As you may know, Tourism HR Canada has just started a three-year project intended to increase tourism employment opportunities for people with disabilities in Canada, Belong.  Part of that project involves conducting a survey of hospitality and tourism businesses to better understand how operators currently engage with HR practices aimed at broadening the pool of potential employees.  This input will be incredibly important as we develop tools and training for hospitality and tourism operators who are facing mounting recruitment challenges, and who may be seeking untapped talent pools to meet those needs. Links to complete this important survey are below.

English Survey

French Survey

Canadian hospitality schools play a crucial role in delivering the professional training and accreditation that attract high-potential youth to our industry, who will become the industry leaders of tomorrow. Several of our senior team and I recently had the opportunity to attend a special event hosted by the George Brown College Centre for Hospitality and the Culinary Arts (CHCA), and I never cease to be blown away by the level of creativity, professionalism and dedication of the faculty and students. Their belief in the value and spirit of our industry is a reminder to all of us of the central role hospitality and foodservice play in our culture and community and to the power and prosperity of the restaurant sector.

As the industry celebrates Black History Month, I would like to acknowledge the enormous contribution the Black community makes to the restaurant and foodservice industry, not just in February, but every day of the year. The Black foodservice community has highlighted key issues and opportunities that are both challenging and advancing our industry, from diversity, inclusion and belonging in our workplaces and the elevation of Black cuisines to food sovereignty—but there is so much more to do.

I’m looking forward to visiting The Black Experience Pavilion at RC Show 2024 and hope you will have the chance to do so too. Sponsored in part by Kraft Heinz, and curated in partnership with The Re-Seasoning Coalition and Foodpreneur Lab, The Black Experience Pavilion is an innovative space where brands can learn how to strengthen their DEI programs and buyers can connect with a diverse array of offerings from Black-owned farms and food and beverage (F&B) entrepreneurs. The Pavilion promises to be a vibrant and dynamic area where visitors can explore, taste and engage with a variety of products that reflect the depth and breadth of Black F&B brands and meet the creative minds behind them. I invite you to explore a sample of the offerings from the Foodpreneur Lab alumni community and read more from MENU magazine.

Tomorrow (February 13th) is Canada’s Agriculture Day. In 2023, the restaurant industry purchased $38.5 billion in food and beverages (alcoholic and non-alcoholic), and we know that much of that is connected to agriculture in Canada! To celebrate our industries’ enduring partnership, we will be in the nation’s capital to engage in food and agriculture conversations, celebrating the hardworking people who bring us the food we love and recognizing the essential contributions of agriculture to the foodservice industry.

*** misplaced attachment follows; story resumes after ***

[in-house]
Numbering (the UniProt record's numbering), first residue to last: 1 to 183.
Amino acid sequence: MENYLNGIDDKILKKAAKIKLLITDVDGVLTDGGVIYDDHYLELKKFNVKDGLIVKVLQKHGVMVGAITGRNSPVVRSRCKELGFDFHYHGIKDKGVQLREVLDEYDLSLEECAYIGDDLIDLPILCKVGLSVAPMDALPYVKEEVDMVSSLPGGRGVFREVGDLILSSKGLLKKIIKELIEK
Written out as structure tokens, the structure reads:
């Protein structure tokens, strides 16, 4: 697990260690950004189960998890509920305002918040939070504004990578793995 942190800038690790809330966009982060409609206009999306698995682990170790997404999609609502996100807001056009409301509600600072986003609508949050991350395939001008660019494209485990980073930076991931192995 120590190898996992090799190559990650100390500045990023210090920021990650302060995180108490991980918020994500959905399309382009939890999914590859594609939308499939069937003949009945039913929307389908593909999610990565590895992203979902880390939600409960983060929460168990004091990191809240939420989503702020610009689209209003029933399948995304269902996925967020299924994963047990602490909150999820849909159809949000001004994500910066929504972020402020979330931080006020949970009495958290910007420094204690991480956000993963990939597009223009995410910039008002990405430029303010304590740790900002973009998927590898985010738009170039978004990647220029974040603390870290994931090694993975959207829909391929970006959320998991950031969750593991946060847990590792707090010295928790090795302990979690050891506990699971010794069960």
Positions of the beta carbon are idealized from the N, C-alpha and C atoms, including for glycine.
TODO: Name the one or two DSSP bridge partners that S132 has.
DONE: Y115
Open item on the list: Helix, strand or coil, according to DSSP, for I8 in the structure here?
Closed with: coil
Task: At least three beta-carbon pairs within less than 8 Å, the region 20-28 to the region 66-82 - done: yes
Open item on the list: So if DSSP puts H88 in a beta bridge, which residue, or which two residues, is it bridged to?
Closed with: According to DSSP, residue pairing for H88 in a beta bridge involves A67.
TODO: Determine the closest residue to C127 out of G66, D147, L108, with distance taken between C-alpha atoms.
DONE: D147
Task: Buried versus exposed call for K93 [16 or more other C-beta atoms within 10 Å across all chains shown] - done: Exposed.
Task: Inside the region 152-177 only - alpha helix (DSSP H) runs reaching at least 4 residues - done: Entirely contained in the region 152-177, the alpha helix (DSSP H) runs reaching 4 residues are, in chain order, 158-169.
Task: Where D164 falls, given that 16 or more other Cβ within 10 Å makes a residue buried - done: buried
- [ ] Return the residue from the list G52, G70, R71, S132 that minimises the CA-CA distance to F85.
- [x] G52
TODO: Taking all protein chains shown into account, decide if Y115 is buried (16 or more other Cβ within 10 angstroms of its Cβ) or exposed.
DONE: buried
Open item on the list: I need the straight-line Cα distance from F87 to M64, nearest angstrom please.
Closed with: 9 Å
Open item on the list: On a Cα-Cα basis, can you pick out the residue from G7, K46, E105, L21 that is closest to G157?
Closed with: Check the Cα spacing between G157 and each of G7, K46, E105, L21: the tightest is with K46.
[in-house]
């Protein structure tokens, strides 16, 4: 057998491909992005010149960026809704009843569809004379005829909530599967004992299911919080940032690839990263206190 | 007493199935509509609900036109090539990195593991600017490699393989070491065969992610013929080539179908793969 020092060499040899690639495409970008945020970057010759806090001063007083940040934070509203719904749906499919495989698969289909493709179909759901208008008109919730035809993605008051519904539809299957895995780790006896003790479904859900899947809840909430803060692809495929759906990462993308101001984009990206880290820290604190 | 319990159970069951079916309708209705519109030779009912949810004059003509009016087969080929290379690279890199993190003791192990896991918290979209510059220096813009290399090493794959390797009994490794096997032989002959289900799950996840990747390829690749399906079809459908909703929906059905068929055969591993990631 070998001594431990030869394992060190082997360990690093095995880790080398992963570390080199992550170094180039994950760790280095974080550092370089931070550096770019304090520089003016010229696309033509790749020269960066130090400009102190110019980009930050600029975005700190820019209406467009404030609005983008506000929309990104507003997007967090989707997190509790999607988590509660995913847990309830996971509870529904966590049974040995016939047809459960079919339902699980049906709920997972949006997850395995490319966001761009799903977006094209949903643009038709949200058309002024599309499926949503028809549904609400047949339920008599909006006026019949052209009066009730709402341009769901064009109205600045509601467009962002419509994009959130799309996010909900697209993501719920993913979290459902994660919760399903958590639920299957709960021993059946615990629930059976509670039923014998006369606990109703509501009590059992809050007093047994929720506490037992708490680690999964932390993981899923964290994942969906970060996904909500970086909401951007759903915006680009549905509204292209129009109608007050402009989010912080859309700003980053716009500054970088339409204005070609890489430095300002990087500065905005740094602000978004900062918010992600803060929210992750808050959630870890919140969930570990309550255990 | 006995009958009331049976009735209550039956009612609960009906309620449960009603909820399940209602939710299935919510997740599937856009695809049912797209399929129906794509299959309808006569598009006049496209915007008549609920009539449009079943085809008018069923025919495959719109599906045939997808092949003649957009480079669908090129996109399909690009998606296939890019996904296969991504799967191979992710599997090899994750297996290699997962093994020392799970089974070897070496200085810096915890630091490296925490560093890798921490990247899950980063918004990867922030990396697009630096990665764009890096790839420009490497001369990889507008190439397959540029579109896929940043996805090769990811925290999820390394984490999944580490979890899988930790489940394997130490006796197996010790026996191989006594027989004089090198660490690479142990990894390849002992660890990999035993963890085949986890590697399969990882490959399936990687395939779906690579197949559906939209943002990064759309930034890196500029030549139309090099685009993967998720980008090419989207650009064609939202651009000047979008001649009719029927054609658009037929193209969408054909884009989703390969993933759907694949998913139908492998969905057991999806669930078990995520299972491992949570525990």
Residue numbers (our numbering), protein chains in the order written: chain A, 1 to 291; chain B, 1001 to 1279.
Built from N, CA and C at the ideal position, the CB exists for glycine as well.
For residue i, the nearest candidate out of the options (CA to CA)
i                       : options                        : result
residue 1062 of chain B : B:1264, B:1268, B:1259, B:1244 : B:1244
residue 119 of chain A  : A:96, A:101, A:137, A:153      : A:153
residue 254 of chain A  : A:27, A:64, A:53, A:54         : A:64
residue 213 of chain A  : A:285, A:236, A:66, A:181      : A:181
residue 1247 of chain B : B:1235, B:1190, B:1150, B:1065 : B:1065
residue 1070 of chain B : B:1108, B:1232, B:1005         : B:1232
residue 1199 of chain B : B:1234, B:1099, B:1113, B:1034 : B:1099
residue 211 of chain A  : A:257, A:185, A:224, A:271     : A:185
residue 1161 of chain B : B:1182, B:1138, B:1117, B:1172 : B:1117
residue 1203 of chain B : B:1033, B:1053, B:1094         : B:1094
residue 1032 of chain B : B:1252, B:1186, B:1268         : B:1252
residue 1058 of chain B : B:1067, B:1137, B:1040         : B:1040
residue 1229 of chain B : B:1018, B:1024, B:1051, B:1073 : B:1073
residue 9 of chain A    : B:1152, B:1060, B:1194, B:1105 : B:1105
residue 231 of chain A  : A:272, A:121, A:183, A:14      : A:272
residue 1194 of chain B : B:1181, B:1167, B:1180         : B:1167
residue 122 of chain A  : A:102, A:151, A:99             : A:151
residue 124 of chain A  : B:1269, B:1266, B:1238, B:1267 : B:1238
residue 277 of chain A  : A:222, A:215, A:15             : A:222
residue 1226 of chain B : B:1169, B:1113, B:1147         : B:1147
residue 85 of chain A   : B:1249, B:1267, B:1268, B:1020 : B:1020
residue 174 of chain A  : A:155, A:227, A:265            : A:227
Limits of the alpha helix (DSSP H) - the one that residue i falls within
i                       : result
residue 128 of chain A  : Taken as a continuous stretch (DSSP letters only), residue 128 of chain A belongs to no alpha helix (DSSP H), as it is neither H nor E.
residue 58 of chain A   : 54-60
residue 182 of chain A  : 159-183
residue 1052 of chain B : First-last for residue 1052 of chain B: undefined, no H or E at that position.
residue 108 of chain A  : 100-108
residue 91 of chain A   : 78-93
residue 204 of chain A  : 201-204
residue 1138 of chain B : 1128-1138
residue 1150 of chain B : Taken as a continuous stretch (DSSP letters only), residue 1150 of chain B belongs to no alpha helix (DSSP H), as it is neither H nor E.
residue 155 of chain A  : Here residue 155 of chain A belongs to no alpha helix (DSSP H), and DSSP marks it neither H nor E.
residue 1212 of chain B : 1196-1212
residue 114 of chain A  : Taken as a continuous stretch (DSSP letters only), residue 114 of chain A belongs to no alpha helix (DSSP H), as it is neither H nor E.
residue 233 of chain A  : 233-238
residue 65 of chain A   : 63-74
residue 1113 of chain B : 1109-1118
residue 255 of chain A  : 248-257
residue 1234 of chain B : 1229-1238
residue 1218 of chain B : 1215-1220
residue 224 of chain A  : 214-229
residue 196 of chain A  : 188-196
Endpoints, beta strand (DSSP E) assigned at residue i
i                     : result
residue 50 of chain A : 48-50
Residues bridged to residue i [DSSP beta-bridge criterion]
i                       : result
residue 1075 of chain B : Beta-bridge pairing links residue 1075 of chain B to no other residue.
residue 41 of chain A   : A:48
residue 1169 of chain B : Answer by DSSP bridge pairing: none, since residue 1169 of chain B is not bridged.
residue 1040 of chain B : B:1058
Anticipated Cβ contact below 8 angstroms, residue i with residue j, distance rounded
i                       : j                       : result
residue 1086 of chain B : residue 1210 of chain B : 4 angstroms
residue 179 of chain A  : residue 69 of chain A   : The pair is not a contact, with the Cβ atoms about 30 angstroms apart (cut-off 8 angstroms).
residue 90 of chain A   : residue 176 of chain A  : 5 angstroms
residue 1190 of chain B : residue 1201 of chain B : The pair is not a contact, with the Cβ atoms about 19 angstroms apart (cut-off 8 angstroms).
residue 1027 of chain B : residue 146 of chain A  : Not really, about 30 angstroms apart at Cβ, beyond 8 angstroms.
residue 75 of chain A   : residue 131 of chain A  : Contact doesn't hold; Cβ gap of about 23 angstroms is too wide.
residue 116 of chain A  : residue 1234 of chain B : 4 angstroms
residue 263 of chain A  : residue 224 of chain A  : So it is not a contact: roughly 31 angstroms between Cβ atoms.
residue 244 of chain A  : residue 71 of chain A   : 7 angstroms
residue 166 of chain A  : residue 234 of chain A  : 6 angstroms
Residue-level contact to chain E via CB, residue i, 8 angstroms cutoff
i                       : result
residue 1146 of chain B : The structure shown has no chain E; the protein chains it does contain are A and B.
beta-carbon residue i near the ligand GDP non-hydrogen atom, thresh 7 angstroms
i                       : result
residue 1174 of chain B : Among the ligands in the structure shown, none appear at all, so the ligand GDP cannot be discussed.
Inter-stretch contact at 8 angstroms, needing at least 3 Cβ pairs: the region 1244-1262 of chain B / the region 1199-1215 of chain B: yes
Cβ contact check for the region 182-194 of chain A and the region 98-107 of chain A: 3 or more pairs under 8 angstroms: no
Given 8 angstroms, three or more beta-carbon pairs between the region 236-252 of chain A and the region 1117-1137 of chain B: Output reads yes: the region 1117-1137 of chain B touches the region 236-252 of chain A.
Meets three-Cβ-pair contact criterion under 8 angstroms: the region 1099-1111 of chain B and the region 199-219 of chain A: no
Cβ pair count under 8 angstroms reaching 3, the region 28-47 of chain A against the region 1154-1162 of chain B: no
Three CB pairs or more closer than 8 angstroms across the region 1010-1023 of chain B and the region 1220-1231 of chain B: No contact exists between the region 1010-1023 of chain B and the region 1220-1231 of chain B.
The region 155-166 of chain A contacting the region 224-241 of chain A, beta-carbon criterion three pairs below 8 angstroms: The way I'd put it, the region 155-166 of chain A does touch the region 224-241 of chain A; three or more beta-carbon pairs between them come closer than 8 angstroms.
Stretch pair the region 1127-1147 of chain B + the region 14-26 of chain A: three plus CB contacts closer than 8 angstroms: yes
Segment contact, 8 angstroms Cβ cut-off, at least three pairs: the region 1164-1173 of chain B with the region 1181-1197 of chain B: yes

We will be attending several #CdnAgDay events including Agriculture More Than Ever and The Future of Food as we engage in a number of conversations with government officials about the importance of the relationship between restaurants and Canada’s agriculture community.

From left to right: Kelly Higginson, President & CEO, Restaurants Canada and Her Worship Olivia Chow, Mayor of Toronto

Chief Operating Officer Tracy Macgregor and I were pleased to attend an event at The Canadian Club to hear Her Worship Mayor Olivia Chow address the upcoming budget and hear how she and Toronto City Council are working towards a better Toronto. Restaurants feed and nourish communities, bringing vibrancy and creativity to main streets across this city while contributing significantly to the economy. We were encouraged to hear that the mayor’s vision for a strong future for Toronto includes a commitment to increasing investment in innovation and economic growth.  

The Restaurants Canada team, including our regional V-Ps Max and Jordi, came together in Toronto for an energizing and productive all-team meeting. I would like to thank the team at Mildred’s Temple Kitchen for hosting us for a belated, but memorable holiday lunch.


From Richard Alexander | Executive Vice-President, Government Relations & Public Affairs 

BC & Ontario: Live Chicken Price Increase
Restaurants Canada doubling down on advocacy against price increases lack of price-setting process access.

British Columbia Live Chicken Price

Our industry purchases 40 per cent of the live chicken in Canada and BC yet, under the supply management system, we have very little standing in most provincial price setting processes and no standing in the province. We are deeply concerned about the 10 per cent price increase in BC. This is precedent setting for the rest of Canada and as such, your Association is committing significant resources to the issue. 

Ontario Live Chicken Price

Under the supply management system, the Province of Ontario recently increased their price of live chicken by 3.3 per cent. Restaurants Canada has made representation to the Chicken Farmers of Ontario for details surrounding the new price. Specifically, we have asked: